Researchers have uncovered a number of vulnerabilities in a popular building access-control application called PremiSys, including hardcoded credentials that could allow an attacker to add new users, delete existing users, or perform many other administrative functions on the system.
The vulnerabilities are in IDenticard’s PremiSys version 3.1.190 and the presence of the hardcoded credentials creates an easily exploitable weakness for an attacker to gain access to the system. Jimi Sebree, senior research engineer at Tenable Security, discovered the bugs and said that there’s no method in the application through which administrators can change the hardcoded username and password.
“As it turns out, this hardcoded backdoor allows attackers to add new users to the badge system, modify existing users, delete users, assign permission, and pretty much any other administrative function,” Sebree said in a blog post detailing the vulnerability.
The issue lies in the PremiSysWCFService module, which handles a variety of tasks, including some authentication functions. Sebree found that there’s a function inside the module that contains the hardcoded credentials.
“Users are not permitted to change these credentials. The only mitigation appears to be to limit traffic to this endpoint, which may or may not have further impact on the availability of the application itself,” Tenable’s advisory says.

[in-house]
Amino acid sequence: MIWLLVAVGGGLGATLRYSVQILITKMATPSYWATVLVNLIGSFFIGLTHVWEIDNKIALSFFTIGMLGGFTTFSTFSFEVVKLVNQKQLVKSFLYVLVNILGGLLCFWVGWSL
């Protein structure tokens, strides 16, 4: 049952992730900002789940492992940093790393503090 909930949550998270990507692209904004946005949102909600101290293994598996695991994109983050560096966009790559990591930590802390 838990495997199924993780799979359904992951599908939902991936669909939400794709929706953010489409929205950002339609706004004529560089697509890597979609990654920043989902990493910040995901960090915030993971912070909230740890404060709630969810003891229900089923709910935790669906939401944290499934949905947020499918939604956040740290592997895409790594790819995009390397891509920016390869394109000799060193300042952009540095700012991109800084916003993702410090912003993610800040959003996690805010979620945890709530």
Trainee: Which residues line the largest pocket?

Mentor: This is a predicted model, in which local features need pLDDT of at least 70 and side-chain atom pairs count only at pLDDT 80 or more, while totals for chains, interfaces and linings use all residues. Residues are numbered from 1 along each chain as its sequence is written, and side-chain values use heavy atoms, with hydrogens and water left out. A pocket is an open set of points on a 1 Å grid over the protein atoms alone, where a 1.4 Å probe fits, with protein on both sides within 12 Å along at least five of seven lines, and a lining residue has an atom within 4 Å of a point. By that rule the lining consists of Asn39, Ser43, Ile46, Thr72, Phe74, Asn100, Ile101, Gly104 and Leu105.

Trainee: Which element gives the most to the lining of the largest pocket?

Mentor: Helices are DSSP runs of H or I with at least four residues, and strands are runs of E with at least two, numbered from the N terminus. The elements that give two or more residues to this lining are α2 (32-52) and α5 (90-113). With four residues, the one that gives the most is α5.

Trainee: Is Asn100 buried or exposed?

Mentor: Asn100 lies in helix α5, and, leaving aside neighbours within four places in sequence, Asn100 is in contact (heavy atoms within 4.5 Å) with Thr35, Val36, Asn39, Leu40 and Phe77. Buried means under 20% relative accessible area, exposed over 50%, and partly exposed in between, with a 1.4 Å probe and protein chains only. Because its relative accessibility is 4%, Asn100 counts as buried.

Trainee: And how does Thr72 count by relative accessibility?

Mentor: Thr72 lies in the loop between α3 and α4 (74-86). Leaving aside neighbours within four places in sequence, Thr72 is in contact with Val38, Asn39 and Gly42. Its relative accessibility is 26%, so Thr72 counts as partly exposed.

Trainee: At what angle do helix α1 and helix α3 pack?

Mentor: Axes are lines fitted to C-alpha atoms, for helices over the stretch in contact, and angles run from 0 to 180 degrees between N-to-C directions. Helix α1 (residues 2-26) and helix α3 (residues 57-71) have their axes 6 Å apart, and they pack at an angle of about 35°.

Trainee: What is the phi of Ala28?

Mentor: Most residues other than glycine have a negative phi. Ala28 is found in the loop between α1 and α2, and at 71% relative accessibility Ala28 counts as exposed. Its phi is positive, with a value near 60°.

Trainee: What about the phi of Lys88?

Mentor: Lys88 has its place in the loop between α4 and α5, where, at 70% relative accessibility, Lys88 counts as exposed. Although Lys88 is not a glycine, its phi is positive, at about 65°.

“These credentials can be used by an attacker to dump contents of the badge system database, modify contents, or other various tasks with unfettered access.”
PremiSys is a physical access-management system that includes video surveillance features, door control, and card management. Along with the hardcoded credentials, Sebree also found a few other bugs including the use of a weak encryption method to protect user credentials, a hardcoded password protecting local backup files, and default credentials for the local database that installs with the system.
Sebree said that typically an attacker would need to have local access to the PremiSys system in order to go after the vulnerabilities he discovered.
“While possible for these systems to be accessible over the internet, it is unlikely. In most cases, an attacker would need access to the network the badge system sits on in order to exploit the vulnerabilities,” Sebree said via email.
The Tenable Research team attempted to contact IDenticard several times after discovering the vulnerabilities in September, but got no response. The company then sent the vulnerability information to CERT, which also tried to contact IDenticard, to no avail.
Sebree suggested that organizations ensure their networks are segmented so that the physical access system isn’t directly integrated into the larger corporate network.
“Administrators should first double-check that these systems are not connected to the internet. They should also segment their network to ensure systems like PremiSys are isolated from internal and external threats as much as possible,” Sebree said.